Catalog #011.128
Lake Union has served as a graveyard for ships in more than one way. For many years following World War I, the unwanted hulks of the nation’s Emergency Fleet Corporation lay dormant in the middle of the lake. Many wrecks, including a navy patrol craft, a minesweeper, and at least one automobile, lie at the lake’s bottom. Despite the busy industrial nature of the lake, wrecked and abandoned vessels have been a fairly common sight for decades. In this photo, the cannery tug Alitak lies bow up.

Catalog #011.130
Our catalog lists these homes as “Copeland houseboats.” The Copeland brothers, Gerry and Grant, designed the floating home community on Portage Bay, which later became the Portage-At-Bay cooperative in the late-1960s. Portage Bay is the body of water connecting Lake Union to the Montlake Cut.

Catalog #011.134
Some more of the lake’s many floating homes, with Union Harbor Condos behind at 2301 Fairview East.

Catalog #011.137
Many a tug made its way through the Ship Canal to Pioneer Sand & Gravel Company on Lake Union’s east shore. The products the company shipped in from its gravel pit in Steilacoom and elsewhere were much in demand for the city’s building boom. The bunkers were located at 901 Fairview Avenue North, approximately where Duke’s Chowder House is located today.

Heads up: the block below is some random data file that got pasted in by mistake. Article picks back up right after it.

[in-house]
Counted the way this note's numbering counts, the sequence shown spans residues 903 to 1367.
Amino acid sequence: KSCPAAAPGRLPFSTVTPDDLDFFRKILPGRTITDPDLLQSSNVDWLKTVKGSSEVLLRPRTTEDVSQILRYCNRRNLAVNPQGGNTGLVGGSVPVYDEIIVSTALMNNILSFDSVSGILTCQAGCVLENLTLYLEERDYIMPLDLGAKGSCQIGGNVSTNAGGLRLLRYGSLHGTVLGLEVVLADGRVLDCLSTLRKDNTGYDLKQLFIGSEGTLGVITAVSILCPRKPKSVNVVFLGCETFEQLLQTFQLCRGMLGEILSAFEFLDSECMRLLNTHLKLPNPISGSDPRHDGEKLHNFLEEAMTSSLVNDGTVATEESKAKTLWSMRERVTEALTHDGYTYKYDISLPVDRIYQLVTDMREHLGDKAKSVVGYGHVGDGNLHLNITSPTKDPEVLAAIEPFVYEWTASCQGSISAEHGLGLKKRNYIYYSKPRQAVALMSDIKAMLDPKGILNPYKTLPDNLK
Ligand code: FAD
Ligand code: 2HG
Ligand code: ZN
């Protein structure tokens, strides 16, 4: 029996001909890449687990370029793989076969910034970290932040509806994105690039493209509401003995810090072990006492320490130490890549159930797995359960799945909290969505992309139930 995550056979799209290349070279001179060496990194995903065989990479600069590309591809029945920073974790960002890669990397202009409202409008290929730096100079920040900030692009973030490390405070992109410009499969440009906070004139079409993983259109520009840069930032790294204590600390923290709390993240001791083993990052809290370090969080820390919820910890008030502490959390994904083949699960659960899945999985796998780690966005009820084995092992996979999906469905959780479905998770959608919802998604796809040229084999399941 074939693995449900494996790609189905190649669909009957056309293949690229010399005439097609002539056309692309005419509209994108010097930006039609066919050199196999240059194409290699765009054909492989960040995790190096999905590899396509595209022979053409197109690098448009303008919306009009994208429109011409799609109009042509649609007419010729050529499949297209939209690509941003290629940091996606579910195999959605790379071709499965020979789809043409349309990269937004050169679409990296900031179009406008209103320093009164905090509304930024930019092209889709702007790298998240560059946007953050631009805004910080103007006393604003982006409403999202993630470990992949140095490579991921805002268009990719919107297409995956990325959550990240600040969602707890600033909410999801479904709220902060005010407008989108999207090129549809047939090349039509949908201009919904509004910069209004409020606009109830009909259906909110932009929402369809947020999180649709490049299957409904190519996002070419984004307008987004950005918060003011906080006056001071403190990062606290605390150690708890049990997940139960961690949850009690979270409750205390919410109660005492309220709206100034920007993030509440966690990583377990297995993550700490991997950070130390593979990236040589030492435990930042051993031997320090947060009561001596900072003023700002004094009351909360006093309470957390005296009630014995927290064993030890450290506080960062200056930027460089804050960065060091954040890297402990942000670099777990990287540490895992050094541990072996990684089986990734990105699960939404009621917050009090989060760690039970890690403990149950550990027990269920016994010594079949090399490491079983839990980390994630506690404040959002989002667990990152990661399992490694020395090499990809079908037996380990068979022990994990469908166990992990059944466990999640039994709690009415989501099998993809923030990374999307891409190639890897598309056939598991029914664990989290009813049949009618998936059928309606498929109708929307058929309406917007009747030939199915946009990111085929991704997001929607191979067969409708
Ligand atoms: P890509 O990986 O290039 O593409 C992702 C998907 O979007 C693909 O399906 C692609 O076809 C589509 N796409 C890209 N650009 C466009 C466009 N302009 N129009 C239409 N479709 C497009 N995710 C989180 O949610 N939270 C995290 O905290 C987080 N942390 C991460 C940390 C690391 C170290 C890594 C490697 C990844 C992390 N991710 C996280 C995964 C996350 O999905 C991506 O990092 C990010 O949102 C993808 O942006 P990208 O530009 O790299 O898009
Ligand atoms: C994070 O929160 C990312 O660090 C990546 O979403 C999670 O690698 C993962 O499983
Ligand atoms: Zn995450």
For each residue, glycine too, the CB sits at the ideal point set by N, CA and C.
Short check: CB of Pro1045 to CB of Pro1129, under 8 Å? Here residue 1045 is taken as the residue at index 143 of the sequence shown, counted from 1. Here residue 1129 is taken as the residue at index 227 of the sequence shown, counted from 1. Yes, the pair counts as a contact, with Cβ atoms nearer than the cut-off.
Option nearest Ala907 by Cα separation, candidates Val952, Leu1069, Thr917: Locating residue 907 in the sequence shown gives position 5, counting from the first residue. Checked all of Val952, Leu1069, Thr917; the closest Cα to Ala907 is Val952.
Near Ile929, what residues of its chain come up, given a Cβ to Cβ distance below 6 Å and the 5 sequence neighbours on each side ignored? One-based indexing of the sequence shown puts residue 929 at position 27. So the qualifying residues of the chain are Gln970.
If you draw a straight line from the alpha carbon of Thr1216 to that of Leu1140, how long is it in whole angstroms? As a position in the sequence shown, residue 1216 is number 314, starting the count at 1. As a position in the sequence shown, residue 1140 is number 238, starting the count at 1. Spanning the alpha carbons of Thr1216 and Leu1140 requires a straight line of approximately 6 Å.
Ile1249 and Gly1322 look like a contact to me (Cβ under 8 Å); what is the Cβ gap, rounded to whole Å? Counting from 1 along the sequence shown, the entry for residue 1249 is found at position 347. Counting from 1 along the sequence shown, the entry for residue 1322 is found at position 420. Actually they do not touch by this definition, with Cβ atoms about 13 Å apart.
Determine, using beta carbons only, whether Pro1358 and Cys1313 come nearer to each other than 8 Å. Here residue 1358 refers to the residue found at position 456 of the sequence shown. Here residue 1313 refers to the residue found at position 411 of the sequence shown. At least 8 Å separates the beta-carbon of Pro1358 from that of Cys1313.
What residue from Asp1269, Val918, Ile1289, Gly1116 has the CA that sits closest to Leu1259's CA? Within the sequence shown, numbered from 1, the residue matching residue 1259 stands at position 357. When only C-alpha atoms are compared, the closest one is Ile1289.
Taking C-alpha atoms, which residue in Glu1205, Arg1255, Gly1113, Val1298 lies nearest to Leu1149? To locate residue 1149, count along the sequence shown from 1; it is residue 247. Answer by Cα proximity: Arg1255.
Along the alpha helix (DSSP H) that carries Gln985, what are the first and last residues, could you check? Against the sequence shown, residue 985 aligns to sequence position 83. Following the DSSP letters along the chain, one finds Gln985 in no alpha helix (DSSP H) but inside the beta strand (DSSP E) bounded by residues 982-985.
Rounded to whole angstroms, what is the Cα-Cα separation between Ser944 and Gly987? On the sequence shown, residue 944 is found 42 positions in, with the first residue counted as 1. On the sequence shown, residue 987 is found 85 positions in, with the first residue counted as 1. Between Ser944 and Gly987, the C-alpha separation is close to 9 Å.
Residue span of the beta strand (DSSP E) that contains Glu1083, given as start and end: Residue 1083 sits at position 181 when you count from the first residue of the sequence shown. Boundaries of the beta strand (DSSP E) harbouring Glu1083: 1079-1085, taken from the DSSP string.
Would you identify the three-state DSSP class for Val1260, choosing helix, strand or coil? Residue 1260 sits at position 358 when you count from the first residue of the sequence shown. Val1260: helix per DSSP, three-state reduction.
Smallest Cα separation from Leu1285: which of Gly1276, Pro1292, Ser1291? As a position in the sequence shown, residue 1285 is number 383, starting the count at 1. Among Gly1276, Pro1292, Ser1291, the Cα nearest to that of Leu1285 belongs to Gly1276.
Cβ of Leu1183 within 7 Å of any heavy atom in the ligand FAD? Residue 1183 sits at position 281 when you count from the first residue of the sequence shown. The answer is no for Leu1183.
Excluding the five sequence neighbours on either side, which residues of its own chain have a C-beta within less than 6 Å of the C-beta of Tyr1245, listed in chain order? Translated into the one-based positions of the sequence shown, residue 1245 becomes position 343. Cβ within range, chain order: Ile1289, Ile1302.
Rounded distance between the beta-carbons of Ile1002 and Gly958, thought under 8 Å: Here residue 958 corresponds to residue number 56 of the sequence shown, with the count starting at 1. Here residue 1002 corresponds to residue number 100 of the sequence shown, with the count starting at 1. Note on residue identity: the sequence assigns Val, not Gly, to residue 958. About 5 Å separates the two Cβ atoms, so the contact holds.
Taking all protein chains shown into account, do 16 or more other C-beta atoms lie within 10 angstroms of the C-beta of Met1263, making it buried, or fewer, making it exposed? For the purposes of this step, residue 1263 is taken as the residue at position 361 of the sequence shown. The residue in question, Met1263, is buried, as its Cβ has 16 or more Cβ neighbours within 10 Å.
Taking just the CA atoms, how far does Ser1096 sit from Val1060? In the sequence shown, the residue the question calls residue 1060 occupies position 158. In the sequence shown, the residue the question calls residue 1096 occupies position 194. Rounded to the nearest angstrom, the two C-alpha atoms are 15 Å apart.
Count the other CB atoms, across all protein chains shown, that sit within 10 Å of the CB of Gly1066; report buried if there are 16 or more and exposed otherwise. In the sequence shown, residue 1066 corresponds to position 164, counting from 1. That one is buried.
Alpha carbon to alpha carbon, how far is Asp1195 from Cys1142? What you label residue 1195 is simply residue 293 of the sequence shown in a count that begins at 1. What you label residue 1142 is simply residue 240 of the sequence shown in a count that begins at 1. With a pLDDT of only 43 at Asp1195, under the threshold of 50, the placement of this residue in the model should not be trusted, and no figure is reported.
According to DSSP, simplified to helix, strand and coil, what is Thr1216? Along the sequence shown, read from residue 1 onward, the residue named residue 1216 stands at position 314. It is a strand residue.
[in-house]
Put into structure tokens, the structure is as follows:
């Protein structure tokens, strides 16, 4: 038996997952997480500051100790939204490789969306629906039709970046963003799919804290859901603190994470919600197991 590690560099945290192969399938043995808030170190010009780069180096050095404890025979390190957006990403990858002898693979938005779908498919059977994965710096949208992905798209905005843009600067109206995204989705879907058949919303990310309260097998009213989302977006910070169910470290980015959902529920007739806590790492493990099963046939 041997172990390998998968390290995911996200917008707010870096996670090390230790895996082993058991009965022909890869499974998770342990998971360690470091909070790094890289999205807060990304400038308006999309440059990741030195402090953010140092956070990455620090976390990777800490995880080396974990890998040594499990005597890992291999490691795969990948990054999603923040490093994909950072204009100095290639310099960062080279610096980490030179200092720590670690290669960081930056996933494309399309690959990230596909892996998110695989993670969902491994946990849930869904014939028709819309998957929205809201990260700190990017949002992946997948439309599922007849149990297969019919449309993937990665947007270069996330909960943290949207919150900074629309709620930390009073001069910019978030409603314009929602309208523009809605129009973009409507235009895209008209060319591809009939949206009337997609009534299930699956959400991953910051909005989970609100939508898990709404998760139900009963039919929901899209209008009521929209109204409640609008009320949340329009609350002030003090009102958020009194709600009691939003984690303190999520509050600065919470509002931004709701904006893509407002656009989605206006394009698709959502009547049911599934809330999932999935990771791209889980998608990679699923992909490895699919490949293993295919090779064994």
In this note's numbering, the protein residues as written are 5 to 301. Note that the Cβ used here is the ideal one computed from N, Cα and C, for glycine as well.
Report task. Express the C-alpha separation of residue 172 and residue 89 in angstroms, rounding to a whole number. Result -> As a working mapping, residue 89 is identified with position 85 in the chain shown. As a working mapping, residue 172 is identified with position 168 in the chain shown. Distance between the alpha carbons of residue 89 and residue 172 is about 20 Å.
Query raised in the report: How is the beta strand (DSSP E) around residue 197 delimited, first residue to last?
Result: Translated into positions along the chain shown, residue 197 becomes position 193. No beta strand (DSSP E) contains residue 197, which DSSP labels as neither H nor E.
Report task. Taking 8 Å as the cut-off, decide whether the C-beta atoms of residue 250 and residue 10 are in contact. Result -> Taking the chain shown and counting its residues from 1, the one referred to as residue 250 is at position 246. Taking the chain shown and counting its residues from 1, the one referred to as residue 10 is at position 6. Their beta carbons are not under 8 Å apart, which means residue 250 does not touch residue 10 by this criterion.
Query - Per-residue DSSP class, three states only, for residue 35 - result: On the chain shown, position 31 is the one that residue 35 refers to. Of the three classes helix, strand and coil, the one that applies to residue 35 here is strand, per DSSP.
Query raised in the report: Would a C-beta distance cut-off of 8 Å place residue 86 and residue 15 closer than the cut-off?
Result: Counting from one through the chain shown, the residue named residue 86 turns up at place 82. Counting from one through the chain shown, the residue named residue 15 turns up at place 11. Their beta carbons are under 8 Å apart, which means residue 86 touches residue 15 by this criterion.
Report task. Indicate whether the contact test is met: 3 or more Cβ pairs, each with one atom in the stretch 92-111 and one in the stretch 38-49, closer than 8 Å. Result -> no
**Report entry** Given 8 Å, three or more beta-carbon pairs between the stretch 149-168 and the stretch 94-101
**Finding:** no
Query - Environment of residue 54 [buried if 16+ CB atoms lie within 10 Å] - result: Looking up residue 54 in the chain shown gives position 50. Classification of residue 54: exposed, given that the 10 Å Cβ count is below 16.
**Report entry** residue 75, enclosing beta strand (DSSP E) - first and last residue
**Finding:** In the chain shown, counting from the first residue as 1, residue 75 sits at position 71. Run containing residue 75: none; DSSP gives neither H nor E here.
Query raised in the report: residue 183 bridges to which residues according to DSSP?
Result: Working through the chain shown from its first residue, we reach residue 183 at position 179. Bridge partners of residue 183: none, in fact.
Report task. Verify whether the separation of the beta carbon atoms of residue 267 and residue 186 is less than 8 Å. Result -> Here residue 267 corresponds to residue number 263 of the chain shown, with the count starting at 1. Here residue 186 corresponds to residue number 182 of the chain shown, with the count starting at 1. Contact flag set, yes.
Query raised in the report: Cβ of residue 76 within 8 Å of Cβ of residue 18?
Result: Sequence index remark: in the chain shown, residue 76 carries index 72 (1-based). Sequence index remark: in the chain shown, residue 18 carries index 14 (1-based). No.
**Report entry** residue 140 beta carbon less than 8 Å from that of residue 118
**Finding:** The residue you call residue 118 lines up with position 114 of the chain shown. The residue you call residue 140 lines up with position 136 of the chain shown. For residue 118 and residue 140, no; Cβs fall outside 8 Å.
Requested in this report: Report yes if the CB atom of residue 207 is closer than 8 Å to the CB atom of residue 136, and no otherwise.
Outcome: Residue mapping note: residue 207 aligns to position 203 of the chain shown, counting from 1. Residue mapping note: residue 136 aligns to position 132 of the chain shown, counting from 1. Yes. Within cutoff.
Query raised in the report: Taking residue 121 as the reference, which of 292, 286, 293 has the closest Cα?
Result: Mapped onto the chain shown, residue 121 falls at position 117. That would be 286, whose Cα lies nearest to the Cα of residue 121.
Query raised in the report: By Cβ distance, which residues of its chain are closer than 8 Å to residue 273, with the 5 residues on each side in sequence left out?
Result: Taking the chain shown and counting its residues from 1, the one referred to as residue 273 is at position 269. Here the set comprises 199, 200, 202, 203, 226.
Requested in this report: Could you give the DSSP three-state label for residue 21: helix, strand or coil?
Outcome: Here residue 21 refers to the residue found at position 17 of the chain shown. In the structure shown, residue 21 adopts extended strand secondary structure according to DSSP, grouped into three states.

Catalog #011.139
The west side of Lake Union with Queen Anne Hill as a backdrop. The AGC (Associated General Contractors) building dominates the skyline. A seaplane skims the waters. The office building, at that time known as the Northwest Construction Center, is still under construction in the photo.